At Frannie & The Fox, the eatery inside Charleston, South Carolina’s Emeline Hotel, chef Tim Morton fuses Italian culinary sensibilities with those of the South, showcasing regional, seasonal ingredients at every opportunity, allowing low country cuisine to shine through.
From Storey Farms on nearby Johns Island, Morton sources eggs, breakfast sausage and the whole chickens featured in his chicken confit; from a sustainable mom-and-pop seafood operation off the low country coast, fish and shrimp; and from GrowFood Carolina — an initiative founded to foster small, family farms, he gets fresh produce year-round.
For pizzas and pastas, Morton turns to Italy, importing the highest-quality San Marzano tomatoes, but come June, when tomatoes are ripening on their vines across the South, fresh, local heirloom varieties decorate the menu.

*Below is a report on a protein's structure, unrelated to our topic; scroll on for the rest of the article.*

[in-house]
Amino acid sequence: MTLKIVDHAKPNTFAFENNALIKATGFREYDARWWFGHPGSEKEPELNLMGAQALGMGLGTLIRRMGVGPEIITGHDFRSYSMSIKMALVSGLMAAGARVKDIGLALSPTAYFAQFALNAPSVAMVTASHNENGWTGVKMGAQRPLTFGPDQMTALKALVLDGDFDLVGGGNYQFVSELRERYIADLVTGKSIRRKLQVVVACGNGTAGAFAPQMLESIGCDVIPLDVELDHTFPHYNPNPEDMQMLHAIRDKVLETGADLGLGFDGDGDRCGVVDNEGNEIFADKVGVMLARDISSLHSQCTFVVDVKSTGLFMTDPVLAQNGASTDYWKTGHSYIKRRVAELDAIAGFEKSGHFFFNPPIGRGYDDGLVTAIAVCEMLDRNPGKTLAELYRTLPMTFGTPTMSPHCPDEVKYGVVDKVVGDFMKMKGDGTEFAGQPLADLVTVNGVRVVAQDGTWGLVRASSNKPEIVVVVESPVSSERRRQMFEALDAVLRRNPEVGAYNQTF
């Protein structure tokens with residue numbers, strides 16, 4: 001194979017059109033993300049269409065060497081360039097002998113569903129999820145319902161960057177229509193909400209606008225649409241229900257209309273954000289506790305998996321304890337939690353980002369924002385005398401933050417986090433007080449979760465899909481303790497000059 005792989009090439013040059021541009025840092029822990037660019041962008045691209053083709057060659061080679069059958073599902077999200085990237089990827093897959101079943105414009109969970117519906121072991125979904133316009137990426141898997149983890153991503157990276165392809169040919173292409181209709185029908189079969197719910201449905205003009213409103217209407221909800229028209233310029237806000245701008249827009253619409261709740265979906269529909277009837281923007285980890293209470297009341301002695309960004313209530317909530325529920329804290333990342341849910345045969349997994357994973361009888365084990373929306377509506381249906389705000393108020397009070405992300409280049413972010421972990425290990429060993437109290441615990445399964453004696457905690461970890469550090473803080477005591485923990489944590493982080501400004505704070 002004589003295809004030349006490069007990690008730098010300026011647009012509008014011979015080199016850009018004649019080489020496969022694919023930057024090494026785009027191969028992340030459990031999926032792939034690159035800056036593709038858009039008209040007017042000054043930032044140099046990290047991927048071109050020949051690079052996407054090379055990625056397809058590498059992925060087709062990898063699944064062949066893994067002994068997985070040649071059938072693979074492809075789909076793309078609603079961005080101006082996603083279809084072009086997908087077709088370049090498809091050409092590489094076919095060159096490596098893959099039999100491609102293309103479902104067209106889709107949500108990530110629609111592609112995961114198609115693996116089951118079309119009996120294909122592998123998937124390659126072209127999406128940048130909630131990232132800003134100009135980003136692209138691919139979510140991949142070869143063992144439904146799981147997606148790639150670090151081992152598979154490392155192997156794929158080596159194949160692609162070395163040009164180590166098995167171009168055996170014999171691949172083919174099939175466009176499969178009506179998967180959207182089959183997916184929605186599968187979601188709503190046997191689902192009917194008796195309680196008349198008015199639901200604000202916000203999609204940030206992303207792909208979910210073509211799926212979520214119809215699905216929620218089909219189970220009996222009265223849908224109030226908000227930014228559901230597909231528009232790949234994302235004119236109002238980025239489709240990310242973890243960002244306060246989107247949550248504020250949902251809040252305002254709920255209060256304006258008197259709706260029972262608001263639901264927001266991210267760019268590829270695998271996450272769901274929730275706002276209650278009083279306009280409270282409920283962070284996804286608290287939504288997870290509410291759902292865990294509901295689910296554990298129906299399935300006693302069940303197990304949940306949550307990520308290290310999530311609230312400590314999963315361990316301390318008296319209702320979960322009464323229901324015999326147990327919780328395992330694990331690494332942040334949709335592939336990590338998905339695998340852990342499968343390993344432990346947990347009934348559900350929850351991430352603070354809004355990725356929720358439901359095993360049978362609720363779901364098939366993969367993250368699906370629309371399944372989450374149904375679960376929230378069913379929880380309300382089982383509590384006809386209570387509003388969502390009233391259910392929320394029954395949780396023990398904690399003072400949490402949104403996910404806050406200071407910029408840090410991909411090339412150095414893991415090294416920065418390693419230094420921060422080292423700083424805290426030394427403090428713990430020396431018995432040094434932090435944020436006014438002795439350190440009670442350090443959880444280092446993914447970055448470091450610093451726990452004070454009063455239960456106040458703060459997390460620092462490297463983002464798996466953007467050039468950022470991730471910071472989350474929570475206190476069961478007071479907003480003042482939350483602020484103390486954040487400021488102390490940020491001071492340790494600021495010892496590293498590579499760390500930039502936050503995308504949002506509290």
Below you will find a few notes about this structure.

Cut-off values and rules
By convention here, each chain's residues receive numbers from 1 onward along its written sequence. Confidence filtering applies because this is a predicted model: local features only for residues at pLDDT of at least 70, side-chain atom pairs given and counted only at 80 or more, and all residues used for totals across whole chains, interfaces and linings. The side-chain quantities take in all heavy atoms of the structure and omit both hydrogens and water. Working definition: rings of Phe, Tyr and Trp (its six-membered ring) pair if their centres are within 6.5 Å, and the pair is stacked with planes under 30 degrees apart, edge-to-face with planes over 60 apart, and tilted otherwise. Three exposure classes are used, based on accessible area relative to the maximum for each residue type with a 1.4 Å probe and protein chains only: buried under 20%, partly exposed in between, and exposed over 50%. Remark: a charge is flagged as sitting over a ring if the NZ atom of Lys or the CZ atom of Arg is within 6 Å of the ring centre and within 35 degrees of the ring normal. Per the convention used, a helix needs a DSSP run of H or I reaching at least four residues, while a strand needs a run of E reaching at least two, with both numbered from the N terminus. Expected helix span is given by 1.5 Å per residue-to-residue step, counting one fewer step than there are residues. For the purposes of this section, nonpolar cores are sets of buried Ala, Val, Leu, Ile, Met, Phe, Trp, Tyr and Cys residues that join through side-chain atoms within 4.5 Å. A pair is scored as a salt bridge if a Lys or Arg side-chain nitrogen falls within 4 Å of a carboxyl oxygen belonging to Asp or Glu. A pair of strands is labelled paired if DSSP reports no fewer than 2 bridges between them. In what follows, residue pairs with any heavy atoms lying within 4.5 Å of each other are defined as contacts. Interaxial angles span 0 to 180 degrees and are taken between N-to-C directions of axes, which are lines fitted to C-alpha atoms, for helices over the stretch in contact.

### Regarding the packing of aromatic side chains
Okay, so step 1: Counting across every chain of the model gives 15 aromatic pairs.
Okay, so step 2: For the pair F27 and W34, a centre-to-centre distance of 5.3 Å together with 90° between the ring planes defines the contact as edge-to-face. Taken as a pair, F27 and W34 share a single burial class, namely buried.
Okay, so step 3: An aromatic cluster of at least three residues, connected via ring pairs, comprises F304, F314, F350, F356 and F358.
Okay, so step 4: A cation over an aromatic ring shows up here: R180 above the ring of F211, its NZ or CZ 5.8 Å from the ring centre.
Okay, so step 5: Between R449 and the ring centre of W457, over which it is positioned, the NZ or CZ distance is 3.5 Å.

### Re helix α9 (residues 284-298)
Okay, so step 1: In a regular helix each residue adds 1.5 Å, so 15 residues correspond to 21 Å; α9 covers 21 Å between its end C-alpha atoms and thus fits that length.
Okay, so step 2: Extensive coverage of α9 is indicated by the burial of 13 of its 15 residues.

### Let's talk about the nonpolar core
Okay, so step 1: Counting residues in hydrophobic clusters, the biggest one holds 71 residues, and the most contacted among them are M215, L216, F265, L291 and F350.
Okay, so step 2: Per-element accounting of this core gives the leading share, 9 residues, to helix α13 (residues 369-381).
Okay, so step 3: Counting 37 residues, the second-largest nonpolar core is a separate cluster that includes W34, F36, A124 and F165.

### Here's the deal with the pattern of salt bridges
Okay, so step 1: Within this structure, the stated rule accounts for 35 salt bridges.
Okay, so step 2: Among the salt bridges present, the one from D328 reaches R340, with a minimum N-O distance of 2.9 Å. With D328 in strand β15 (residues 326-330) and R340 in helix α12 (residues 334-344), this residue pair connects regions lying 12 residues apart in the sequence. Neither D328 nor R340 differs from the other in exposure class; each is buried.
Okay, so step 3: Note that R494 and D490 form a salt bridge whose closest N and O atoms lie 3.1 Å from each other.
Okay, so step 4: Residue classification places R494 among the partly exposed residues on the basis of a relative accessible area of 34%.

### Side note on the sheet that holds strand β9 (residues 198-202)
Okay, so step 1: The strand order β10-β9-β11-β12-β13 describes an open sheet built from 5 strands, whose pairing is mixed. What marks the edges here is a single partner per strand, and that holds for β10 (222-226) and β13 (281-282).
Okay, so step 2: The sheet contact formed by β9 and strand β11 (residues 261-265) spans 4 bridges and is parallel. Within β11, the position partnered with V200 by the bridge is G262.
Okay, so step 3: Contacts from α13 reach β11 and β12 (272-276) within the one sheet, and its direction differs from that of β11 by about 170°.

“These local heirlooms have a very different taste and texture than the hothouse tomatoes you’ll find at a grocery store,” he says. His minimalist preparations put that flavor front-and-center. “A little flakey salt, a little cracked pepper and olive oil, and you really don't need to do anything else to an heirloom tomato in-season.”
Past their prime, they won’t go to waste in Morton’s kitchen. “As we get in cases of these local tomatoes, the ones that are perfectly ripe get sliced and laid on our heirloom tomato and ricotta toast,” he says. “The rest, we essentially juice.”
Pureed and strained, this “tomato water” could become a broth, even a vinaigrette, Morton says. “There’s a whole host of things this super-flavorful liquid can be used for, especially in tomato season. One is our homemade pasta.” Here, Morton shares a few of his favorite ways to put tomatoes to use, pasta and toasts included.
Store-bought tortellini with tomatoes two ways makes this a sophisticated weeknight recipe from South Carolina chef Tim Morton.
Homemade ricotta is surprisingly simple to prepare, but these toasts will also be delicious with store-bought.